In the US, while personal use of TikTok on privately owned devices is still allowed, there are moves in certain states and elsewhere to completely ban TikTok. This can be a problem especially as TikTok ventures into commercial services.

*      *      *

I gave Toff my non-techie take on his explanations.

One is that it would help to dispel perceptions of Chinese ownership if TikTok has an undeniably non-Chinese owner’s global face, like Mark Zuckerberg of Facebook / Meta, Elon Musk of X / Twitter and Sergey Brin and Larry Page of Google.

Being incorporated in the Cayman Islands – known as a global tax haven – may also not improve perceptions of ownership secrecy. Toff stresses that incorporating in the Caymans is pretty common in global business.

As for that firewall, my immediate low-tech reaction was, how many supposedly secure firewalls have been breached all over the world? Breaching should be so much easier between a mother company and its subsidiary.

That a TikTok subsidiary is operating in China already says a lot, if you consider that Facebook, Google, Yahoo, YouTube, Instagram and Snapchat are banned in China. If Beijing felt threatened by the TikTok subsidiary, it would have also banned it and simply developed a homegrown version of the platform, as it did with its own versions of the banned services.

Toff points out that TikTok cannot even run to any Chinese embassy for help with a corporate problem – proof that it is not state-owned.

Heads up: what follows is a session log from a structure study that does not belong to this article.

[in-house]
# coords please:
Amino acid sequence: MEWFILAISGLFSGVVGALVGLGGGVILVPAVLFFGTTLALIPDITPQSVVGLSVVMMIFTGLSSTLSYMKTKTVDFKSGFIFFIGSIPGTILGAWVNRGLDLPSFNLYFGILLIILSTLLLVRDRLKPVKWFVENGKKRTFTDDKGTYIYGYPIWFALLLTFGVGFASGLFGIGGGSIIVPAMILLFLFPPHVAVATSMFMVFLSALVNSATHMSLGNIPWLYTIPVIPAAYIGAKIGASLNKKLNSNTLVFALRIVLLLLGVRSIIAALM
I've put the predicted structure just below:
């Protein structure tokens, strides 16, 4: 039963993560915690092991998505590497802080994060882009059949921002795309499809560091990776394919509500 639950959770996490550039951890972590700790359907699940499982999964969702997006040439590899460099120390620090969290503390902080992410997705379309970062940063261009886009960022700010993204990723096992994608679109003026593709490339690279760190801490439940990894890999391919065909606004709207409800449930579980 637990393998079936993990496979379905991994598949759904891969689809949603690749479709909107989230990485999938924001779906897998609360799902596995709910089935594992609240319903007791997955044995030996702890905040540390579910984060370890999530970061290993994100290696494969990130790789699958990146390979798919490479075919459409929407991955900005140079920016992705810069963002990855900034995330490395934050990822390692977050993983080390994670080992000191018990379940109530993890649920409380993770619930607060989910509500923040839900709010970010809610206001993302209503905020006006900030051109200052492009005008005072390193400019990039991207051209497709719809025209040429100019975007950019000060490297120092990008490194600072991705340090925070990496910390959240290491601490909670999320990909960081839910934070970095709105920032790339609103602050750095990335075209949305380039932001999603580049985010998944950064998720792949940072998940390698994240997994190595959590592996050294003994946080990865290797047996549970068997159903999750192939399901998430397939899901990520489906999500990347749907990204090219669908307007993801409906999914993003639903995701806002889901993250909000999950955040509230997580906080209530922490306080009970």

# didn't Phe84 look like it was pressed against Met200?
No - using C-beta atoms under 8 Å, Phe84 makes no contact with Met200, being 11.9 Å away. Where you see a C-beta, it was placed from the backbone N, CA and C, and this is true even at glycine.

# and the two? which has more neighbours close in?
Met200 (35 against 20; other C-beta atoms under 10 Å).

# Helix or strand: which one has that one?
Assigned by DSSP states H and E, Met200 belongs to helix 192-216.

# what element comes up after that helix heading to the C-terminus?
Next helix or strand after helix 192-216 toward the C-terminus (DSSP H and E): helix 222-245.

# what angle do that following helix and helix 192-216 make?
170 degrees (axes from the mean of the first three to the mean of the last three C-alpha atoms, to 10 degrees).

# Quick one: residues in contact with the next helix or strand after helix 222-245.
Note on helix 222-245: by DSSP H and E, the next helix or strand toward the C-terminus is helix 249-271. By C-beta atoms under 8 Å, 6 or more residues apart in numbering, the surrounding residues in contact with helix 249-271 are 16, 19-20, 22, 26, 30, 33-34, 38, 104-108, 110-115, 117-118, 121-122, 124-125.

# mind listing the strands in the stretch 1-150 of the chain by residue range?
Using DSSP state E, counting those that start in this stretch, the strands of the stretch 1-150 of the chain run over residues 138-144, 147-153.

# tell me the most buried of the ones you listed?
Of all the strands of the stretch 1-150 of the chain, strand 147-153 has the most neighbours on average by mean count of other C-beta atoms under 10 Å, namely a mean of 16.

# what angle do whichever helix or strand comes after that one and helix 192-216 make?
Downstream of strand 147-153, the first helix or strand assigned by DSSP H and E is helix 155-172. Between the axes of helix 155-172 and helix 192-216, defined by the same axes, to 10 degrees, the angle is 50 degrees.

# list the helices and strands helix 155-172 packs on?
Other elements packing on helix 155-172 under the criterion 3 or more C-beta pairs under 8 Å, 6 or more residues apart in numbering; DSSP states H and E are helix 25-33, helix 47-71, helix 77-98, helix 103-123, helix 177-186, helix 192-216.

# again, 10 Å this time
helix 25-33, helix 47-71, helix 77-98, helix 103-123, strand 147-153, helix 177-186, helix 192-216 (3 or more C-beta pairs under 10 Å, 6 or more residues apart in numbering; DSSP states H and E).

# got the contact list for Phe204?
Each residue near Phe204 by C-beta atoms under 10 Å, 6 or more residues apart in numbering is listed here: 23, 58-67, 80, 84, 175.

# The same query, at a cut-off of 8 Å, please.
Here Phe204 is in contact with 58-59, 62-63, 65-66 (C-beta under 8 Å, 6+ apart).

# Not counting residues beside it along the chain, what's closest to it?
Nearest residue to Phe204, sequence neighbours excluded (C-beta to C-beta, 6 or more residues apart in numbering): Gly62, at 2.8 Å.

But Toff acknowledges the difficulty of overcoming the perception that TikTok is owned or controlled by the Chinese government. This might not be a problem in Singapore and Malaysia. But in our country whose reefs, shoals and sovereign waters are being grabbed by China, even perceptions carry a lot of weight.

*      *      *

While the debate continues over the security risks posed by TikTok, whether real or imagined, there is little debate on the use of the platform for the spread of disinformation and malicious content.

It is, of course, a problem that pervades all digital platforms. Like other social media giants, Toff says TikTok has content monitors all over the world who work to weed out such content.

In the campaign for the 2022 elections, Meta removed hundreds of FB accounts for coordinated inauthentic behavior – used by troll farms, scammers, historical revisionists and other forms of cyber lowlifes.

Toff says it’s not that tough to detect coordinated inauthentic behavior. But those who engage in it find ways of circumventing content monitors. The new tack is to make the messaging as uncoordinated as the financiers’ budget will allow it.

There is also the increasing use of influencers to push disinformation.

TikTok, like Meta, has partnered with mainstream media organizations, the academe and other sectors for fact-checking and promotion of reliable and non-malicious content.

Obviously, it’s a Herculean task that Toff stresses is best accomplished with the help of vigilant netizens. It remains to be seen how a possible ban on government use of TikTok will affect this effort.